Texas residents who used to live in Illinois could be entitled to Facebook settlement

And yet another reason not to be on Facebook: facial recognition software. Facebook is literally tracking your face.

If you used to live in Illinois and you moved to Texas, or most other states, you can get up to $400 in compensation– thanks to an Illinois law Facebook violated.

Anyone who left Illinois after 2011 and moved to Texas might be eligible to participate in a cash settlement.

According to IRS data, 158,331 Illinoisans relocated to Texas between 2011 and 2017.

The settlement the social media giant reached with the state of Illinois cost it $650 million. The money will go to individuals who qualify as a member of the class action lawsuit.

Facebook began notifying users on their platform Wednesday evening, directing them to facebookbipaclassaction.com to confirm if they had been a resident of Illinois for at least six months since 2011 to then be able to add their name to the settlement.

“This is a significant settlement in which households could end up with upwards of $800 depending on how many claims are filed,” Christopher Dore, partner at Edelson PC, the Chicago-based law firm that represented the plaintiffs in the federal lawsuit, said in a statement.

If an individual chooses to join the class-action they have to agree to forego their right to sue Facebook later on.

Since the case is on behalf of anyone who lived in Illinois between June of 2011 Aug. 19 of 2020 and isn’t confined to current residents, hundreds of thousands of former Illinois residents on Facebook could be eligible.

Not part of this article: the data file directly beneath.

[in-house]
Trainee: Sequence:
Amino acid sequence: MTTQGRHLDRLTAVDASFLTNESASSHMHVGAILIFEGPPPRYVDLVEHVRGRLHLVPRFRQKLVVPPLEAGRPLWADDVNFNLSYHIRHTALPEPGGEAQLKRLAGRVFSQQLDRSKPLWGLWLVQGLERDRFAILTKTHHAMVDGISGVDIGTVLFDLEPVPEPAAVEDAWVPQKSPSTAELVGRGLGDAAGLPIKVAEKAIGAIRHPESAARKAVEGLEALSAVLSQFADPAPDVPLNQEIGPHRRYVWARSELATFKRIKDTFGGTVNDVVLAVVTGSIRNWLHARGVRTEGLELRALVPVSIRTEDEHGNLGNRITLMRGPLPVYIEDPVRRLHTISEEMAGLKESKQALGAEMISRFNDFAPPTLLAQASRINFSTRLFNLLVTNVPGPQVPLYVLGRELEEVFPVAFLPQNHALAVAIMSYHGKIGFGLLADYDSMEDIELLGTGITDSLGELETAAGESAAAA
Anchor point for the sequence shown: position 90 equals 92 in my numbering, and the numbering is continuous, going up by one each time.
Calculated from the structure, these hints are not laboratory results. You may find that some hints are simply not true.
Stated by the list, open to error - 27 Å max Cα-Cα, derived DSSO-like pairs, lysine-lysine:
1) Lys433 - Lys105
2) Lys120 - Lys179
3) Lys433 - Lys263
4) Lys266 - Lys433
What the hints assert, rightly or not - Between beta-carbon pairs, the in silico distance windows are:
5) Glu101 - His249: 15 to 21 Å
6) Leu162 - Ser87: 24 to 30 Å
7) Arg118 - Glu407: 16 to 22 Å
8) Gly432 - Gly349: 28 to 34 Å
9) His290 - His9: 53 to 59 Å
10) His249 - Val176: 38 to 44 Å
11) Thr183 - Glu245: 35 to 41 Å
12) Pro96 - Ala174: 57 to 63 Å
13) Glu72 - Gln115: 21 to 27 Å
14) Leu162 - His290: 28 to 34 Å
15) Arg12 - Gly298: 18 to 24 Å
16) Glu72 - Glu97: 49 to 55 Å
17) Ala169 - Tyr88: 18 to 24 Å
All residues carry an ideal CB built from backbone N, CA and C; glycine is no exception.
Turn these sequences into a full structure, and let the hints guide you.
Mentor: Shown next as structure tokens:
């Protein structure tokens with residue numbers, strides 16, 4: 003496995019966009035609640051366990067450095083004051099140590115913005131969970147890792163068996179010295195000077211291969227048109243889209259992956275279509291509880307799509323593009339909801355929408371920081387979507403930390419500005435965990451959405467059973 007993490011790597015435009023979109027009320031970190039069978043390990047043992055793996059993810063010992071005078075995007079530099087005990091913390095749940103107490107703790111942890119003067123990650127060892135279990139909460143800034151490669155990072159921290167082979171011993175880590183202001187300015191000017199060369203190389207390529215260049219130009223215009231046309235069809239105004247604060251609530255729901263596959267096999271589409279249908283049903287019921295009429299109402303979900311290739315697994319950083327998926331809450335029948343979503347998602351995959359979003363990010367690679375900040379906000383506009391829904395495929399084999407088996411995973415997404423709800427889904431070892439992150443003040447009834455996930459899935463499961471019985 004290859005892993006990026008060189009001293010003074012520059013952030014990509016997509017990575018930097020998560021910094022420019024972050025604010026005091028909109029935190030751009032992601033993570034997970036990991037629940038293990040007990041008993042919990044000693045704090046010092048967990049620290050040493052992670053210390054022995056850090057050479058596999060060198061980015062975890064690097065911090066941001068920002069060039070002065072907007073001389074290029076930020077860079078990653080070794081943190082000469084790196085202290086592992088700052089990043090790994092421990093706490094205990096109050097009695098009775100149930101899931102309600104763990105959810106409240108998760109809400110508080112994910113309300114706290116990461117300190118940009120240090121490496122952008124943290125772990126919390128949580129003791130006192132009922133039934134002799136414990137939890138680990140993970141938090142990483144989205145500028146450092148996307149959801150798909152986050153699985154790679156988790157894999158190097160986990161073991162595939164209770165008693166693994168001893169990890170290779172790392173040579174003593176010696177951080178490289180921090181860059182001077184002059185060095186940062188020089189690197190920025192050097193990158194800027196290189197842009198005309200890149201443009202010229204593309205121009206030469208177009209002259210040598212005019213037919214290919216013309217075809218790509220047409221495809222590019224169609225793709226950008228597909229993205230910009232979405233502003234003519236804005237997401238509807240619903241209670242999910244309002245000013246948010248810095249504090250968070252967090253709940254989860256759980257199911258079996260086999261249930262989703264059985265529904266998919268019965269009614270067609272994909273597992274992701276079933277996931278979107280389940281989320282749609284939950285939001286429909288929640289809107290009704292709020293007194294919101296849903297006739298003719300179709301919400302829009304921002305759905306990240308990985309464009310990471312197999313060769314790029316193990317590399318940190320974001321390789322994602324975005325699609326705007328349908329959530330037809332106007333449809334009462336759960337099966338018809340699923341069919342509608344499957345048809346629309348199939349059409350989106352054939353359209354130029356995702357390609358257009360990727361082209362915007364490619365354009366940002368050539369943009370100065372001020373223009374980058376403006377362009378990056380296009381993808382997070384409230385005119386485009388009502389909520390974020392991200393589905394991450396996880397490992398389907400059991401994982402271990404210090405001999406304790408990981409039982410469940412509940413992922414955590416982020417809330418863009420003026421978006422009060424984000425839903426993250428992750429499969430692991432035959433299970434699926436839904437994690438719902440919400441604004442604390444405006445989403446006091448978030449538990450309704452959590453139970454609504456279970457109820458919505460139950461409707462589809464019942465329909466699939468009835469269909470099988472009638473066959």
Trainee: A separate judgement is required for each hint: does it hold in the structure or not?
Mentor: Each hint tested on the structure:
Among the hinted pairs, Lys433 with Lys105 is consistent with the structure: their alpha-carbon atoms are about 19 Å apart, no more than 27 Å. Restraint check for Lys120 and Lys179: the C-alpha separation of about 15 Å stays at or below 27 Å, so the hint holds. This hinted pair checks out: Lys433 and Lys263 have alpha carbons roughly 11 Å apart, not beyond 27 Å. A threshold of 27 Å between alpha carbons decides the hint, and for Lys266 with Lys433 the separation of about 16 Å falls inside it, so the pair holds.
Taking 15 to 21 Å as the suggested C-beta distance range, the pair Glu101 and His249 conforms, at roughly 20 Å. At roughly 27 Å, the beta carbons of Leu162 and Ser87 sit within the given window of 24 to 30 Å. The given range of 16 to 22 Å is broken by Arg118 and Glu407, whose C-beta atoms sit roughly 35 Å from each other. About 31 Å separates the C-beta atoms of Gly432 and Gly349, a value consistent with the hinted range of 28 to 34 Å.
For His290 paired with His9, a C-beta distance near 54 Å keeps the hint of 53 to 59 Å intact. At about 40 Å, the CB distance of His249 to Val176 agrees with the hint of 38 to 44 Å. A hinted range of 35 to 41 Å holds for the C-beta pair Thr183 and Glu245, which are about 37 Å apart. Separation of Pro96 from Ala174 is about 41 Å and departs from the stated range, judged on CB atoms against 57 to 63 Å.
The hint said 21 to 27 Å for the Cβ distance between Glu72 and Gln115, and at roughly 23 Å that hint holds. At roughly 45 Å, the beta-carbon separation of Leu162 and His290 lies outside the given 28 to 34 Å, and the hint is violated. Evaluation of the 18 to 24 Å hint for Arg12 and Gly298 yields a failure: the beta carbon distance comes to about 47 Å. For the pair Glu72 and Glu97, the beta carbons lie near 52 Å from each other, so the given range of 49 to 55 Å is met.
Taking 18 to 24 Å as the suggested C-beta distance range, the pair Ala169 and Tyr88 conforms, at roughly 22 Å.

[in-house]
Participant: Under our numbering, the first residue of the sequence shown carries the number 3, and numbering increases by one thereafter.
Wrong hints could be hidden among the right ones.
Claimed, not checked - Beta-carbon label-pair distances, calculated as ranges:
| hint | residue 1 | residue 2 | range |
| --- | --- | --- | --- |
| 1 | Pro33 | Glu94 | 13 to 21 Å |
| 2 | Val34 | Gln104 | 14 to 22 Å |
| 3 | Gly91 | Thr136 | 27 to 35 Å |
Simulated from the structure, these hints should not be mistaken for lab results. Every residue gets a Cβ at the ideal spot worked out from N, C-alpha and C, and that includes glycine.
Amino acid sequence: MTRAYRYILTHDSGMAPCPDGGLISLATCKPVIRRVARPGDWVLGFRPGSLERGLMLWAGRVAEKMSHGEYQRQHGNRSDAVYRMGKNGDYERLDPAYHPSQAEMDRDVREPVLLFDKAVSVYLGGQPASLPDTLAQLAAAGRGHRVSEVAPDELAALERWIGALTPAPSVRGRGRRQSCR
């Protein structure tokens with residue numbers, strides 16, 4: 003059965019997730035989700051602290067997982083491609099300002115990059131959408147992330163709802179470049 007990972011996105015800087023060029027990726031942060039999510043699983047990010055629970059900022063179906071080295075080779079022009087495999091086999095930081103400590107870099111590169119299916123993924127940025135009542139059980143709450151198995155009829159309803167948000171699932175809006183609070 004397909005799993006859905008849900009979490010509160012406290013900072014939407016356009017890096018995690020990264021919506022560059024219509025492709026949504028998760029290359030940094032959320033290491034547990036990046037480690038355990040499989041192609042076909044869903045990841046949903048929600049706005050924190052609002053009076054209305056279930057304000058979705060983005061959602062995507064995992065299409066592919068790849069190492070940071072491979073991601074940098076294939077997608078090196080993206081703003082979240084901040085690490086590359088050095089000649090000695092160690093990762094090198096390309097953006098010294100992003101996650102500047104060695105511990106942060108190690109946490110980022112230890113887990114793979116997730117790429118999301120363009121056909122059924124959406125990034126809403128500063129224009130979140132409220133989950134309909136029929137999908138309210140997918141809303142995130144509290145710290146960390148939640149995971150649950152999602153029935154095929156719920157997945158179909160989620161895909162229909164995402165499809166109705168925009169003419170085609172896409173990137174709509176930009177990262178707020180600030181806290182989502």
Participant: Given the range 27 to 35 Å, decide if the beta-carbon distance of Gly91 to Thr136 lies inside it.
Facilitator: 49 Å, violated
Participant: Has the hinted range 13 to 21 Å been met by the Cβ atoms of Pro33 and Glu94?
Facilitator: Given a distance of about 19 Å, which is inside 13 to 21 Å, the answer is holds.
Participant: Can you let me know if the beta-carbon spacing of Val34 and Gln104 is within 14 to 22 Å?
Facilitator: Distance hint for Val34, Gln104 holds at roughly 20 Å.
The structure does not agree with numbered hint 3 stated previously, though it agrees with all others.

According to IRS data, since 2011, more than 1.8 million people have moved out of Illinois. Most of them have moved to Indiana, Texas, Florida, California, Missouri, Wisconsin, and Arizona.

Former Illinoisans who moved their Facebook profile with them are likely eligible.

The window to sign up closes on Nov. 23.

The settlement stems from Facebook’s facial recognition feature that captures the details of a user’s face, and then uses that technology to ask that person if another photo on Facebook is them and if they want to be tagged in that photo.

Facebook was sued for storing user’s facial data because it violated Illinois’ Biometric Information Privacy Act, which forbids capture or storage of biometric data without someone’s expressed consent. Fines for violating the law start at $1,000 per violation.

The law, enacted in 2008, has resulted in dozens of lawsuits, most notably against Facebook, Google, Six Flags Great America, and Amazon Web Services.

Illinois’ law differs from other states because the BIPA allows private citizens to sue. In other states, the attorney general must take action under the law.

The threat of litigation has resulted in several technological services to be unavailable in Illinois.

Entering the era of 1984, Google’s Nest cameras, for example, disable a facial recognition feature that allows users to store familiar faces and then give them notifications about when that familiar face or one that’s not known is seen.

This type of technology can also be used to unlock doors when a known person, for example, walks up to the camera and programmed technology allowed them to enter, or prohibits them from entering. This technology is available outside of Illinois.



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